Mississippi State vs. South Carolina, August 31 - Some might wonder why ESPN would give these two teams a primetime slot, but the network made a good choice. MSU comes into 2006 with expectations, and a W in their opener will have a large say in the fulfillment of those expectations. Steve Spurrier has yet to win in Starkville, so he certainly has a score to settle. However, he'll be doing it without a number of key players. The Gamecocks will be favored, but it'd be remiss to call it an upset if the home team pulls it out. They're due, to say the least.
Tennessee vs. Cal, Sept. 2 - Positive: The Vols get tested right out of the gate. Negative: It might not be such a good thing.
Fresh off of its worst season in, well, a while, Tennessee has quite a task if it wants to open up 2006 with a bright start. But Cal has a Heisman hopeful RB in Marshawn Lynch, who stands to serve notice to the nation if he can run wild in Neyland Stadium.
Ole Miss at Missouri, Sept. 9 - Memphis won't be an easy game for the Rebs, but going to Columbia will help provide a good indication of what 2006 might have in store for Ole Miss. Missouri certainly isn't an 'elite' team, but they were a bowl team last year, and will push for one this year, so whatever road nerves Orgeron's youngsters might have are going to have to be shaken off early.
Mississippi State vs. West Virginia, Oct. 7 - This game was scheduled six years ago, when few, if anyone, would have thought that the Mountaineers would have a shot at being #1 when this game rolls around in October. At that time, MSU was the one on the brink of big-time success, and West Virginia wasn't close to sniffing the top 25.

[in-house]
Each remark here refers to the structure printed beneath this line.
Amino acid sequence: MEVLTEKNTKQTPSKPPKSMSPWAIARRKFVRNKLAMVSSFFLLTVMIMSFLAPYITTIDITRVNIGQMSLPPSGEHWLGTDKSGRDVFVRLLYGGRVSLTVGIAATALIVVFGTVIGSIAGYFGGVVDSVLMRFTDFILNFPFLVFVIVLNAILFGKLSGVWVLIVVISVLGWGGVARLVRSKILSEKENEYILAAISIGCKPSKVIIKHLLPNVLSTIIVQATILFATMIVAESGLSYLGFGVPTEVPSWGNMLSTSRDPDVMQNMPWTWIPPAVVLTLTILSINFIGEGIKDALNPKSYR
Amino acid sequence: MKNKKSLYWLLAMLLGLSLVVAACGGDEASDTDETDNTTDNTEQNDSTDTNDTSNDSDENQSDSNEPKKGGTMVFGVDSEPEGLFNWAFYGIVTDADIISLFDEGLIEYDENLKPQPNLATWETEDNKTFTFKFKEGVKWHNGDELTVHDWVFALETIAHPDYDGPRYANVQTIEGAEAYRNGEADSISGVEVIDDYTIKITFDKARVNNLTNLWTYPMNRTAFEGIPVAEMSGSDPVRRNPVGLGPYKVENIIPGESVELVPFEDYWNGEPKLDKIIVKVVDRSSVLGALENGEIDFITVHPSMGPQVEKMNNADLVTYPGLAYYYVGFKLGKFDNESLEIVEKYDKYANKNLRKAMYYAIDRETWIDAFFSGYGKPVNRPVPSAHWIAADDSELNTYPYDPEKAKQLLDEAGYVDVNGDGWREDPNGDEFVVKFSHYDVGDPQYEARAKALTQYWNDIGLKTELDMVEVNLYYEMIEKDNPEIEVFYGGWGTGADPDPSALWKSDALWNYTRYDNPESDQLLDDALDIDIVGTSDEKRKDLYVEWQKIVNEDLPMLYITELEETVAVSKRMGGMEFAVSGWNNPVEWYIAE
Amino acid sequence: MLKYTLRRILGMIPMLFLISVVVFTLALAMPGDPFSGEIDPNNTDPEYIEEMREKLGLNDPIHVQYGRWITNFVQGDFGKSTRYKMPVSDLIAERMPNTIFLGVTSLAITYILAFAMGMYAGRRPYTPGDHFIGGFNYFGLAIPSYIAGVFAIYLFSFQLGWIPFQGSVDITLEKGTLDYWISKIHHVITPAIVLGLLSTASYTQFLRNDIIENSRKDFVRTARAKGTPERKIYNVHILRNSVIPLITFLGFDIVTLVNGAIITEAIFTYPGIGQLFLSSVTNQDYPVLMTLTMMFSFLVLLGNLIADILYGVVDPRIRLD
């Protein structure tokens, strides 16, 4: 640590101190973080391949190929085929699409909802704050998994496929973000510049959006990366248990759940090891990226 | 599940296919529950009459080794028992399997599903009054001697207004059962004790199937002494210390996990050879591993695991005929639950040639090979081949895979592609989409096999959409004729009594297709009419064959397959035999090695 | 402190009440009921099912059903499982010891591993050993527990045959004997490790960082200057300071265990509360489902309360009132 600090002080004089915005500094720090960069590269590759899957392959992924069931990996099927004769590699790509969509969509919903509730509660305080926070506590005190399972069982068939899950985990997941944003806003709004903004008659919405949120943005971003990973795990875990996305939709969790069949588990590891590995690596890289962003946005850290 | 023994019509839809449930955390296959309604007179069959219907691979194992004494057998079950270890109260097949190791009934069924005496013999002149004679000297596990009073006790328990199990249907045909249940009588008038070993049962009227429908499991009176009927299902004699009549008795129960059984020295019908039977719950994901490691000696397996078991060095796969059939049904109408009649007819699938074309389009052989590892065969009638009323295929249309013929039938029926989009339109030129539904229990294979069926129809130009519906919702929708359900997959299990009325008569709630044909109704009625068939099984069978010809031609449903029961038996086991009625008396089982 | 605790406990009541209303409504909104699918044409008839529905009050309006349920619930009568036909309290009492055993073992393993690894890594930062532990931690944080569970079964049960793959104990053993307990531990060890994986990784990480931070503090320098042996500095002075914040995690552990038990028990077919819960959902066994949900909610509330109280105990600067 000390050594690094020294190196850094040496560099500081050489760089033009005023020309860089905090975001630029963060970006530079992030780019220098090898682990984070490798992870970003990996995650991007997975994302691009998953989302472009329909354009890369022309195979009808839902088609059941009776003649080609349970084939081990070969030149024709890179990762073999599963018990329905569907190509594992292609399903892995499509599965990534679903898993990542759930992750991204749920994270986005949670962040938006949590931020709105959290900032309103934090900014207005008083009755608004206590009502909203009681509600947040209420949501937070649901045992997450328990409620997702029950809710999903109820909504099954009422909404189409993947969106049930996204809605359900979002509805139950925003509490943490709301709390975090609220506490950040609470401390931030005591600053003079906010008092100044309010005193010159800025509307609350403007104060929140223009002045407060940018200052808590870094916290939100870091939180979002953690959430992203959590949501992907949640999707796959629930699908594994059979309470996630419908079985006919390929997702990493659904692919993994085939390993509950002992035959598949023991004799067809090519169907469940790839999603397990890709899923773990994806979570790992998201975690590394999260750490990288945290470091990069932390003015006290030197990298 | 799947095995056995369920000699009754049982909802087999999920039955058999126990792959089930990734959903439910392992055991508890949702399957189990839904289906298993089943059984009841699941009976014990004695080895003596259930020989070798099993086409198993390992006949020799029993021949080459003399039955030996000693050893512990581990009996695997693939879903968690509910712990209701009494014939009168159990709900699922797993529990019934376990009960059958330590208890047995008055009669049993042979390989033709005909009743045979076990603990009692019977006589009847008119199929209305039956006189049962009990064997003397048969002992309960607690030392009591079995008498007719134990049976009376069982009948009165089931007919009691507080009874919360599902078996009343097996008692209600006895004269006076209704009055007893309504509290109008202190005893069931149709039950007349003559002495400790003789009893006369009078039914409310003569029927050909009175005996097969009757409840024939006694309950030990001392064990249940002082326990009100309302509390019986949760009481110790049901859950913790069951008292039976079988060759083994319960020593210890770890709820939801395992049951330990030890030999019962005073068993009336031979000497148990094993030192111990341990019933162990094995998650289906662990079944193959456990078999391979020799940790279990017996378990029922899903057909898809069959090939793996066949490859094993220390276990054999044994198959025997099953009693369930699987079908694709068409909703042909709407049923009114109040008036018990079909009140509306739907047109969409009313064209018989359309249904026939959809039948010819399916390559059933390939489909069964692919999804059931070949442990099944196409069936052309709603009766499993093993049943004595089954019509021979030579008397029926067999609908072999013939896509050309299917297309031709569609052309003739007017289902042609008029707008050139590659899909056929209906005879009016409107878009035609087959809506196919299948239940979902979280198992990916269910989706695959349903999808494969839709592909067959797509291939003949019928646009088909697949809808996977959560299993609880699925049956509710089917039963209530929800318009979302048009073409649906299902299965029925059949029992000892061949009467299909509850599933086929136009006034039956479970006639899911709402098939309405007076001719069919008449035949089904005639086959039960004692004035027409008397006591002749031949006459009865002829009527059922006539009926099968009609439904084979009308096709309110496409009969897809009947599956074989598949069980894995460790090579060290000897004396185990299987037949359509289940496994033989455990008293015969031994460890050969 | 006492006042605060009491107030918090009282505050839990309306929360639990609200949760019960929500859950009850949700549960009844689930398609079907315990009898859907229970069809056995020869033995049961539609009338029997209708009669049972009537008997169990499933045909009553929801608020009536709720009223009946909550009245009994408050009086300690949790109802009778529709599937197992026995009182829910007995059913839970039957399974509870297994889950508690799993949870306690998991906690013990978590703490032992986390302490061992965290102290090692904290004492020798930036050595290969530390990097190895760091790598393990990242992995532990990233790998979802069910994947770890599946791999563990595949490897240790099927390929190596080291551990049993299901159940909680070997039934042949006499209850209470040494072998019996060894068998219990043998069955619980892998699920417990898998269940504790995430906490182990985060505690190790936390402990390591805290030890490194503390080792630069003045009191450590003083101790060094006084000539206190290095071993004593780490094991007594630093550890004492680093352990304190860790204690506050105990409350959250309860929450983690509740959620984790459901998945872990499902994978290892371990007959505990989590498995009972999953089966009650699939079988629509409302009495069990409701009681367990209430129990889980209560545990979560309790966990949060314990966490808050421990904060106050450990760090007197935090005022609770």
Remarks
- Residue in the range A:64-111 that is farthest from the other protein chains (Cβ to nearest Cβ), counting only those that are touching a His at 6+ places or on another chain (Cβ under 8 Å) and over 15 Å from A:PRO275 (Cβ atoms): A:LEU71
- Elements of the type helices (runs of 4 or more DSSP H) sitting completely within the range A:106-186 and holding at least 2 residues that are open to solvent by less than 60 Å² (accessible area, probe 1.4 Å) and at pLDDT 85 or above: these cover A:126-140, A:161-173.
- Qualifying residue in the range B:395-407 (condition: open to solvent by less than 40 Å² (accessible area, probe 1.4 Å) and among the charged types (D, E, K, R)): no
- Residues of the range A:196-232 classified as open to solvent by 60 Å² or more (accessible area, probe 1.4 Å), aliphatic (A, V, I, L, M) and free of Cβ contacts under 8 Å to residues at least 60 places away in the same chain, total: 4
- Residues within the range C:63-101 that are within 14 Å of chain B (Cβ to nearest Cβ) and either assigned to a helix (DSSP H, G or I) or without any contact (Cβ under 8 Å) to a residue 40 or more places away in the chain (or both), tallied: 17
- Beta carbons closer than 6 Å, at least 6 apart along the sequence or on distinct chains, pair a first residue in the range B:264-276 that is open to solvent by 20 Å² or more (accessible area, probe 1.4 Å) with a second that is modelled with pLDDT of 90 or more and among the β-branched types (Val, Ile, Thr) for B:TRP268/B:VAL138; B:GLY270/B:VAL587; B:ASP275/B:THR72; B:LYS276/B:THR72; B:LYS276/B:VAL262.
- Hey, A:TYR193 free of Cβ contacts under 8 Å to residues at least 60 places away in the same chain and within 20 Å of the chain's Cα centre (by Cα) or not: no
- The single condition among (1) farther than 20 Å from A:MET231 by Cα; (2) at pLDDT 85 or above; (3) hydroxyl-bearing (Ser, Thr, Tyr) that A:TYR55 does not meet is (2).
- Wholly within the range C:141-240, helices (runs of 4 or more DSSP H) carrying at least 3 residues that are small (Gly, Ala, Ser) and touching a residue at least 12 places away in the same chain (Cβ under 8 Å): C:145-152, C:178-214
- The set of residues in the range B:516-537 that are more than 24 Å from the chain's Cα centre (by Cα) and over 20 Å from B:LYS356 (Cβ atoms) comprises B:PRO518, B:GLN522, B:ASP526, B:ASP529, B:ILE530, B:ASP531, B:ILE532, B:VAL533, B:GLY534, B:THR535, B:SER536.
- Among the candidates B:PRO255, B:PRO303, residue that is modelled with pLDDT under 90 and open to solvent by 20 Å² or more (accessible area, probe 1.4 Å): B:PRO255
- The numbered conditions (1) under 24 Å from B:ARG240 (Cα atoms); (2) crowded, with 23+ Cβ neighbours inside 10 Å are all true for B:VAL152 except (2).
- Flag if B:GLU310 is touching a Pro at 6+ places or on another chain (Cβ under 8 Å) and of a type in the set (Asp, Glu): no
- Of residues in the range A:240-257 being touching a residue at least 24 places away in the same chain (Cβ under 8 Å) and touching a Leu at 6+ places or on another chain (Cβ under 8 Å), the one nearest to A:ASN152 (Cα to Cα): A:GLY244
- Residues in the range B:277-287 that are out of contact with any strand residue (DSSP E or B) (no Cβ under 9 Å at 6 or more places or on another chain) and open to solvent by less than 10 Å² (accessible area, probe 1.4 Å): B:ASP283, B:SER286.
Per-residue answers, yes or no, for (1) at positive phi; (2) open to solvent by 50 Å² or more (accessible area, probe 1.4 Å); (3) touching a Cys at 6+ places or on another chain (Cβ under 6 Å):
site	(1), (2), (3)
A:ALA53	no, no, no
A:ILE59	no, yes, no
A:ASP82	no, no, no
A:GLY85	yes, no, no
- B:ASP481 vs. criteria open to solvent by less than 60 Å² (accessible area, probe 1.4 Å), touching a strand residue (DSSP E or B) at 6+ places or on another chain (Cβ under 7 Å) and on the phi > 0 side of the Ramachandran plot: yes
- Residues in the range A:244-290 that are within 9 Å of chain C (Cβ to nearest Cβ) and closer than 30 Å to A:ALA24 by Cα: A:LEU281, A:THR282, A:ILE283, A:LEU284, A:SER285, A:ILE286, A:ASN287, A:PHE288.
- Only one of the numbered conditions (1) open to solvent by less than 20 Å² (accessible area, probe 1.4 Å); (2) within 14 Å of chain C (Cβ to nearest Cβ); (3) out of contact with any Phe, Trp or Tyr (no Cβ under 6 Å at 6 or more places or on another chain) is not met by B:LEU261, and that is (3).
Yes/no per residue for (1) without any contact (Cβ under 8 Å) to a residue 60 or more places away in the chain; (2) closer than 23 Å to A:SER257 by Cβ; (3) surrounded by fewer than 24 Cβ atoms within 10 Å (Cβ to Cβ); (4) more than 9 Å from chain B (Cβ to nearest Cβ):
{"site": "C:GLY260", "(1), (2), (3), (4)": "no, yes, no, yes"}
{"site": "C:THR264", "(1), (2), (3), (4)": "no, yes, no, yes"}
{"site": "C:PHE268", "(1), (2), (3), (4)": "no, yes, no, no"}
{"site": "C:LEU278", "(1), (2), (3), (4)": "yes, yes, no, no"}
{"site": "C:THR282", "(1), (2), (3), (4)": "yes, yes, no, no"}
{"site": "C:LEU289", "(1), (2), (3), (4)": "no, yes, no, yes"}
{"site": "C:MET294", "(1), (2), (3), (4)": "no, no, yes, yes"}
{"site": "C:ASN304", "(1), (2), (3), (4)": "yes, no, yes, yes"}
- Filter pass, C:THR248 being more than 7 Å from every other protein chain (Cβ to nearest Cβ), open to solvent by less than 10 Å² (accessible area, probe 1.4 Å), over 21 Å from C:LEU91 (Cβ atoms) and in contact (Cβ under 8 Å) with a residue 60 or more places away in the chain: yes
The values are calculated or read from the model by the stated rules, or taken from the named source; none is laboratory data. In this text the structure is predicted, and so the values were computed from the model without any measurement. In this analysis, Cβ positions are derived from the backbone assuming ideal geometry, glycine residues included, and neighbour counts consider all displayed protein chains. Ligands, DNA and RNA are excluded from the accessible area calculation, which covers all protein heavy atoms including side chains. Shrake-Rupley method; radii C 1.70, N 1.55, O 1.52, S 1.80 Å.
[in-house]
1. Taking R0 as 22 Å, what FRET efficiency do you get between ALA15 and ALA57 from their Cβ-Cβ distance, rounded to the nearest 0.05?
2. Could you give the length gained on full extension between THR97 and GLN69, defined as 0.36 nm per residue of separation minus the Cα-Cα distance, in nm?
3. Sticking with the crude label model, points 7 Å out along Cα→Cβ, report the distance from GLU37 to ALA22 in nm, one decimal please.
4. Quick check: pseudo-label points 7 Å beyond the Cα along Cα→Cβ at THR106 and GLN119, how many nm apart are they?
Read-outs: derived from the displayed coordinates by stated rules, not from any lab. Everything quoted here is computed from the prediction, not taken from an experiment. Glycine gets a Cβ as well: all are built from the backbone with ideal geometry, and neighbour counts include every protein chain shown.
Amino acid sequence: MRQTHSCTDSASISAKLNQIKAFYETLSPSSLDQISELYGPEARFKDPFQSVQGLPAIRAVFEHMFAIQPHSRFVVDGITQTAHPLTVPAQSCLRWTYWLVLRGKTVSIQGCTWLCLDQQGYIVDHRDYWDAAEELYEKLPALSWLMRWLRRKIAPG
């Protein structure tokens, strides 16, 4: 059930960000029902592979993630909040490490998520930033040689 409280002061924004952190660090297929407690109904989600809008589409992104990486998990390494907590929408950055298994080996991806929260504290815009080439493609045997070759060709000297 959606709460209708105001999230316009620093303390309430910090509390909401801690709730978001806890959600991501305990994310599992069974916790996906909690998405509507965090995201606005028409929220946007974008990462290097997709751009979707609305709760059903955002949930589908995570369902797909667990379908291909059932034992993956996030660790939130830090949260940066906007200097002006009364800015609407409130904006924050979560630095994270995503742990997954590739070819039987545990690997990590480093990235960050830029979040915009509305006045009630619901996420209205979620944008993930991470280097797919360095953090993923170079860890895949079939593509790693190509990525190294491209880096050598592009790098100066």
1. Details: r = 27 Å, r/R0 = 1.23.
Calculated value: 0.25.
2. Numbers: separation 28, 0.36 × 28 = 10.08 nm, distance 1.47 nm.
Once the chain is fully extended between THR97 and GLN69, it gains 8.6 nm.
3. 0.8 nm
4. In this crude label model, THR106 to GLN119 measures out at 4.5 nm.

As we all know, fortunes have greatly changed since then, and from faraway, it could be said that MSU might be walking right into a whoopin'. If this game was in Morgantown that could be true.
How the Bulldogs fare in their first five games will have a great bearing on which team shows up on the first Saturday in October. If the right team shows up, then this could be the signature win that Croom and Co. need to show that the bite is back. They have nothing to lose, because they're not going to be expected to win, even at home. The Mountaineers have a potential national title run to keep in tact, and a loss in this game would kill those hopes.
Florida vs. South Carolina, Nov. 11 - Well hello there, old friend.
Steve Spurrier will be on the visitor's sideline for the first time in Gainesville as he returns to his alma mater. Last year, in Spurrier's first year at USC, the Gamecocks pulled the upset in Columbia, despite being heavily out gained in yards.
With revenge and a possible SEC and/or national title on the line for the Gators, it could well be a rude homecoming. The Ol' Ball Coach made a number of enemies in his Florida days for supposedly running up the score against opponents with his high-powered offenses. There may well have been some truth to that statement, but at the same time, there were only a handful of teams who were capable and able to stop the Fun 'n Gun in the 90s.
Would Urban Meyer let it happen if the Gators are in a position to do so? Then again, who's to say this game will be a rout? Coach Spurrier has been there, done that, and knows how to prepare his teams for big games. And with the added importance this game'll bring, he'll have the troops primed to try to make the battle a close one, at least for a while. Regardless of who comes out on top, Florida fans will still love Steve Spurrier like no other even if he did spurn a return home.
Hurry up and get here, August 31, won't you?
Eddie Griffin, a freelance writer who does monthly opinion columns for the Dawgs' Bite, Powered by GenesPage.com website, can be reached at firstname.lastname@example.org .